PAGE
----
Don’t despair, though! Science has made some significant leaps forward for the IBS community (like discovering FODMAPs). Researchers have also identified and separated specific disorders like lactose-intolerance, fructose malabsorption, and Bile Acid Malabsorption from under the IBS umbrella. This has made diagnosing and treating these specific disorders much easier.
How to Treat IBS Symptoms?
Because IBS sits differently in everyone’s body, the tools each person needs to manage their IBS symptoms will be different. Symptom management plans should cater to a person’s specific symptoms so they can get back to living a normal life. Common symptom management tools include:
- Improving sleep
- Adding physical activity
- Reviewing your intake of soluble and insoluble fibre
- Managing your hydration
- Finding ways to cope with stress (through hobbies, a meditation practice, psychotherapy, cognitive behavioural therapy (CBT), or dialectical behaviour therapy (DBT), among other things
- Finding your personal dietary triggers (using programs like the Low FODMAP Diet)
- Taking a probiotic supplement
- Using doctor-recommended medications to manage flares or unruly long-term symptoms
What Causes IBS?
Currently, researchers don’t know what causes IBS. In fact, they think there may be several reasons people develop IBS or are prone to it in the first place.
Some of these theories include genetics, immune system activation, changes in intestinal permeability (how well your gut can control what passes through the intestinal lining), and complications in the brain-gut-axis (how your brain and gut communicate with one another).
Recently, there has been a lot of focus on the microbiome (the community of bugs that naturally live in your gut). Researchers suspect the microbiome plays an important role in the development and function of your gut. As research on the microbiome continues, we will likely learn more about how some people develop IBS and how to treat it.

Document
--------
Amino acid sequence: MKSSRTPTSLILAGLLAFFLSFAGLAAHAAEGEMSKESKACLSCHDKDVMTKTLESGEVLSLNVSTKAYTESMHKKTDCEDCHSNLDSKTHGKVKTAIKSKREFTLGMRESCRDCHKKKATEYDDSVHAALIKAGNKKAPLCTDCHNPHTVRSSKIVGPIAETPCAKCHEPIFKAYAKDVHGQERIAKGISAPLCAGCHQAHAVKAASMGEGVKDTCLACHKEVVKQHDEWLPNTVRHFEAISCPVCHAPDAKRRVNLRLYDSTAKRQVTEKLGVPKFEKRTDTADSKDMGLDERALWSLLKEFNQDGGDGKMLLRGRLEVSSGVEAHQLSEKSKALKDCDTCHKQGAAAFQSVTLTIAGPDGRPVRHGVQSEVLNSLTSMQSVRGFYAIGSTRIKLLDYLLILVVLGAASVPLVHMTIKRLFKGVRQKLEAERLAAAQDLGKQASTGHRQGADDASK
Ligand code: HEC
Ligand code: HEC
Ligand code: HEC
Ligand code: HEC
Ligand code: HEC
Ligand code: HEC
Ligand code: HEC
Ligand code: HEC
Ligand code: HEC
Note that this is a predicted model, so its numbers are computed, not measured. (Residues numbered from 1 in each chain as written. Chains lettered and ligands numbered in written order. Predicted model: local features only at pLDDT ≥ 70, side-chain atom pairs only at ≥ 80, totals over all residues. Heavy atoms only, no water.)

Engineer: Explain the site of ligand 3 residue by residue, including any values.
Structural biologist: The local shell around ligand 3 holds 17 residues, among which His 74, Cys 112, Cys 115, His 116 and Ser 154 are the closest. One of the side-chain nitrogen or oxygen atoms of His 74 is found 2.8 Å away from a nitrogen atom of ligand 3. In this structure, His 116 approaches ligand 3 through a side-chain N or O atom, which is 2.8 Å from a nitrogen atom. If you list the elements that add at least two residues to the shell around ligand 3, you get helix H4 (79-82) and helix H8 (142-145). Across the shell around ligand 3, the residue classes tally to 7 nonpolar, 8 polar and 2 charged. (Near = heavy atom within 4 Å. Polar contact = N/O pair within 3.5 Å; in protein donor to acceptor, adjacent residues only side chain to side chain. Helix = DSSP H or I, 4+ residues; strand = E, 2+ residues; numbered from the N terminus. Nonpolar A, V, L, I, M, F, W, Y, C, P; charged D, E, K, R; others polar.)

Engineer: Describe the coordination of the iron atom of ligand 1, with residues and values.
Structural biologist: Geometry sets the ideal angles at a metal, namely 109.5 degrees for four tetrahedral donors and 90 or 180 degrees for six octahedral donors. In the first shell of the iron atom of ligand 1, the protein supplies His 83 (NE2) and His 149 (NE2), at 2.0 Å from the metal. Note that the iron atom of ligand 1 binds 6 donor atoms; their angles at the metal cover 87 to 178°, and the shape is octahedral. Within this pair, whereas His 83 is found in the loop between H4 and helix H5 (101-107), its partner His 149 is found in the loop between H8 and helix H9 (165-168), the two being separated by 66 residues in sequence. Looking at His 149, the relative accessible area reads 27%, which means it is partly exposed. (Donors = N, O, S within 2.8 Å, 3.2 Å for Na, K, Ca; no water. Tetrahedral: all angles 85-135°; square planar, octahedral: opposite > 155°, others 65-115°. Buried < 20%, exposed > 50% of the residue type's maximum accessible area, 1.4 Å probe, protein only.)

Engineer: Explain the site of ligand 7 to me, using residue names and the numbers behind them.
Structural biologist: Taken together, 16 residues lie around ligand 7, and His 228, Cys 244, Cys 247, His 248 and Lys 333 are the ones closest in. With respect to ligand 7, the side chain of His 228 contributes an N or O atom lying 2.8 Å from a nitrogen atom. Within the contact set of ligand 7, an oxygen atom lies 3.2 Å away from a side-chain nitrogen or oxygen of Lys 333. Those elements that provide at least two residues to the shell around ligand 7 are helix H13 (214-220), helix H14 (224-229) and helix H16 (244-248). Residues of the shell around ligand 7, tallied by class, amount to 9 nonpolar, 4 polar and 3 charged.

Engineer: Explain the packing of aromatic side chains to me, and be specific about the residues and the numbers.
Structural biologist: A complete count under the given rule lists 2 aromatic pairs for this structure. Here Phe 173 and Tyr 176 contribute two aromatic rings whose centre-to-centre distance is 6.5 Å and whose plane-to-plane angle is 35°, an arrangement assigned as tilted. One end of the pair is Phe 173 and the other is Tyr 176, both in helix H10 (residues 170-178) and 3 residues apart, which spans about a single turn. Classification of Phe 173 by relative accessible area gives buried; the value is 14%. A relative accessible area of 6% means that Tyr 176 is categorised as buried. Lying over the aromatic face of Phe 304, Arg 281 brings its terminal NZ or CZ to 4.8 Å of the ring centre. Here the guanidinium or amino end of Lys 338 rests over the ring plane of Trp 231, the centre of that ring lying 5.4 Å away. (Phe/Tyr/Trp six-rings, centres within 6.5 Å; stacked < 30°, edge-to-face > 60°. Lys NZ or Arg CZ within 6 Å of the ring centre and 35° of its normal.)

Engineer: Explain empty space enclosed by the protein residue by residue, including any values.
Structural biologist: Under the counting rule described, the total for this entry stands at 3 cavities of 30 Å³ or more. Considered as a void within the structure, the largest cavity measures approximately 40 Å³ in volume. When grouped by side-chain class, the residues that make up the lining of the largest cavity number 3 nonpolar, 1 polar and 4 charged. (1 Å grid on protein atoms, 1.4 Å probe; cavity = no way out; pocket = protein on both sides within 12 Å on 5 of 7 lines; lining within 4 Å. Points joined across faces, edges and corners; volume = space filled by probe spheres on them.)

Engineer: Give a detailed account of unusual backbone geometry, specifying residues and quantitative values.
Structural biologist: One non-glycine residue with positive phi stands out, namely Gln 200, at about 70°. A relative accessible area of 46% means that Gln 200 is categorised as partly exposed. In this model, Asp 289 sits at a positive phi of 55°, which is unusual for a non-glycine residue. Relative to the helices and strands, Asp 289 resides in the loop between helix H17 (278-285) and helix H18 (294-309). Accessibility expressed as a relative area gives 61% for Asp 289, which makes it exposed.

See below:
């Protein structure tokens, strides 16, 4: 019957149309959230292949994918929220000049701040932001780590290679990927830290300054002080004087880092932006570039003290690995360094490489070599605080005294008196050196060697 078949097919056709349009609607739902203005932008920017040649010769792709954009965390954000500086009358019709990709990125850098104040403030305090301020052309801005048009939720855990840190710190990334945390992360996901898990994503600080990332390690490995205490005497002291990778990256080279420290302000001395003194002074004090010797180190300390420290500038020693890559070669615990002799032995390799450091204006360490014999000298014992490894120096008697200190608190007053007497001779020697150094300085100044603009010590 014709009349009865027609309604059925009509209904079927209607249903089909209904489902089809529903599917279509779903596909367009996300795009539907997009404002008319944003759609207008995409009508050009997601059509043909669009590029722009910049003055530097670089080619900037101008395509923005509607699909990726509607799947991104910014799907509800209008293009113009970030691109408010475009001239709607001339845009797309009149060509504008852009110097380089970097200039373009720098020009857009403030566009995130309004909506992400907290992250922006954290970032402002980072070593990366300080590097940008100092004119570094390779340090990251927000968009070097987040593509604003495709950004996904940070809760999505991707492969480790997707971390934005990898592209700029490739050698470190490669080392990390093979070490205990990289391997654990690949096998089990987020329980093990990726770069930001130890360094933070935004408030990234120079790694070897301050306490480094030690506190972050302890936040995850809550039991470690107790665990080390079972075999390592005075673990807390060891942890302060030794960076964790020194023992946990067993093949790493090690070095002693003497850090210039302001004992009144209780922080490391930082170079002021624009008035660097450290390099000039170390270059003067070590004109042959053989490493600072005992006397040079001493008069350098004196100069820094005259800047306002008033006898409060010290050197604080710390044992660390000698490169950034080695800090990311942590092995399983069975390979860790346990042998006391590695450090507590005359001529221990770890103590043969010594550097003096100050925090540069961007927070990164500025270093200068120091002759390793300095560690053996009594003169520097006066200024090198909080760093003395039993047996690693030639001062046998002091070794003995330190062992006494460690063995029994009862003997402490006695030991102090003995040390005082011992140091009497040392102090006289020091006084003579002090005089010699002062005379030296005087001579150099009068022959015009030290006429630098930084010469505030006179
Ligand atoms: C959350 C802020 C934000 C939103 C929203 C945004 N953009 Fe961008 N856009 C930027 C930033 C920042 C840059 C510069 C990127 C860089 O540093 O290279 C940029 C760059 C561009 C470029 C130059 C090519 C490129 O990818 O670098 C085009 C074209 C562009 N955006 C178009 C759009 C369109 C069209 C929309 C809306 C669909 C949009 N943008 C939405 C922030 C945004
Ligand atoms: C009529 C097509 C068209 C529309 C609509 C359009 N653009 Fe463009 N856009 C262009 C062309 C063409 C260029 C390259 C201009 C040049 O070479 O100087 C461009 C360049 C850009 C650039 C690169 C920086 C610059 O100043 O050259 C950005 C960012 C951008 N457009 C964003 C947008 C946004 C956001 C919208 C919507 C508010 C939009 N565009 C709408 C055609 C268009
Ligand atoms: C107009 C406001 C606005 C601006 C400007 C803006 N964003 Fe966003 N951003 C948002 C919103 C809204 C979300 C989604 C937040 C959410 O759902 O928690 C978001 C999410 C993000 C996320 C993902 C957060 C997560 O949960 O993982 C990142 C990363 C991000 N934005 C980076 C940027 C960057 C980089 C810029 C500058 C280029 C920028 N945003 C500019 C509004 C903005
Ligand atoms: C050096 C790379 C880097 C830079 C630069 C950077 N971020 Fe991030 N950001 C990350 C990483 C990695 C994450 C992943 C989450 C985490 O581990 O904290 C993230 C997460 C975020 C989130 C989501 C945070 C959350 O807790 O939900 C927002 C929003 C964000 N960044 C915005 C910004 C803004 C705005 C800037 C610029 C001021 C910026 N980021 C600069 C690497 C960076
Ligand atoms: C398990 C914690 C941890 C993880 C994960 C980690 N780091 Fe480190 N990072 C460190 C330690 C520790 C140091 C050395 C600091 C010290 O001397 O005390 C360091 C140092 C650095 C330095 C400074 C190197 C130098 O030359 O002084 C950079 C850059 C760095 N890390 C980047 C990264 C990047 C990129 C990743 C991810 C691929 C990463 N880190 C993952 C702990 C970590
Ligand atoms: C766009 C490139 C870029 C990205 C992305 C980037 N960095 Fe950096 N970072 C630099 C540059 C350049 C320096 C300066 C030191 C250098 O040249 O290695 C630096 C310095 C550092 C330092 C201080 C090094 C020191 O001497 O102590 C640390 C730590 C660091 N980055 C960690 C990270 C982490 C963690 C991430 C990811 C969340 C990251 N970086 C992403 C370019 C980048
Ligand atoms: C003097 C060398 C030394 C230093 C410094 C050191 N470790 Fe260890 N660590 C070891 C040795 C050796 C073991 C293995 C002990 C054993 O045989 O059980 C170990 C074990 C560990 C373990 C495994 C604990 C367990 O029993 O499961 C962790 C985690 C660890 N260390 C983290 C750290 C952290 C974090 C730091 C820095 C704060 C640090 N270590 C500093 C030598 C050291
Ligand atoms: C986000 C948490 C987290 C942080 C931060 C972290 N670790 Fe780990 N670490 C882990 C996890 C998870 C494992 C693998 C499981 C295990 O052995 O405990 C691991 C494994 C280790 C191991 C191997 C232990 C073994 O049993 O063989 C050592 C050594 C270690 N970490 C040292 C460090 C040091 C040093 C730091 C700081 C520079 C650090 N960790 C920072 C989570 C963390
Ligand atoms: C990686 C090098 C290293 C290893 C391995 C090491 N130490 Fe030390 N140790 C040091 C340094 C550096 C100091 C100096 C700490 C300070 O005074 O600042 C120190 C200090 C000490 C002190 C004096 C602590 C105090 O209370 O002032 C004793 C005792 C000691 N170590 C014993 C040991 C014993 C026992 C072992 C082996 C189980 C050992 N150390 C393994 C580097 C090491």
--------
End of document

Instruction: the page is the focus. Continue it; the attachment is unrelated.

How Common Is IBS?
Researchers believe 20% of the population has IBS. Based on this estimate, up to 30 million North Americans (1 in 5) would likely meet the criteria for an IBS diagnosis.
Are Women or Men More Likely to Have IBS?
Women are diagnosed with IBS twice as often as men. Researchers aren’t entirely clear on why this gender gap has occurred. Though some studies have suggested biologically, women may handle stress differently, the nerves in their internal organs may process pain differently, and that hormones like estrogen may play a significant roll in IBS.
Do People with IBS Suffer from Anxiety or Depression?
Researchers believe up to 70% of IBS patients meet the criteria for anxiety or depression. However, this does not mean IBS is a symptom of a psychological disorder. This research also doesn’t indicate how many people suffered from anxiety and/or depression prior to developing IBS and how many people developed anxiety and/or depression due to IBS’s impact on their overall quality of life.
I hope you found the answers to these frequently asked questions helpful! In the next post of this series, I’ll discuss common questions about IBS triggers. Don’t want to miss it? Sign up for my mailing list below and you’ll get a roundup of my monthly posts along with exclusive access to bonus content, VIP discounts, and some fabulous freebies! Together we’ll get the Low FODMAP Diet down to a science!
© 2019 Amy Agur – The FODMAP Formula
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- Lacy, B. E., Ph.D. MD, Chey, W. D., MD, & Lembo, A. J. (2015). New and Emerging Treatment Options for Irritable Bowel Syndrome. Gastroenterology and Hepatology,2(11), 4th ser., 1-19. Retrieved from https://www.ncbi.nlm.nih.gov/pmc/articles/PMC4612133/.
- Park, J., Choi, M., & Cho, Y. (2012). Irritable Bowel Syndrome: A Malfunction of the Endocannabinoid System? Gastroenterology Journal,142(2). Retrieved from https://www.gastrojournal.org/article/S0016-5085(11)01710-0/pdf.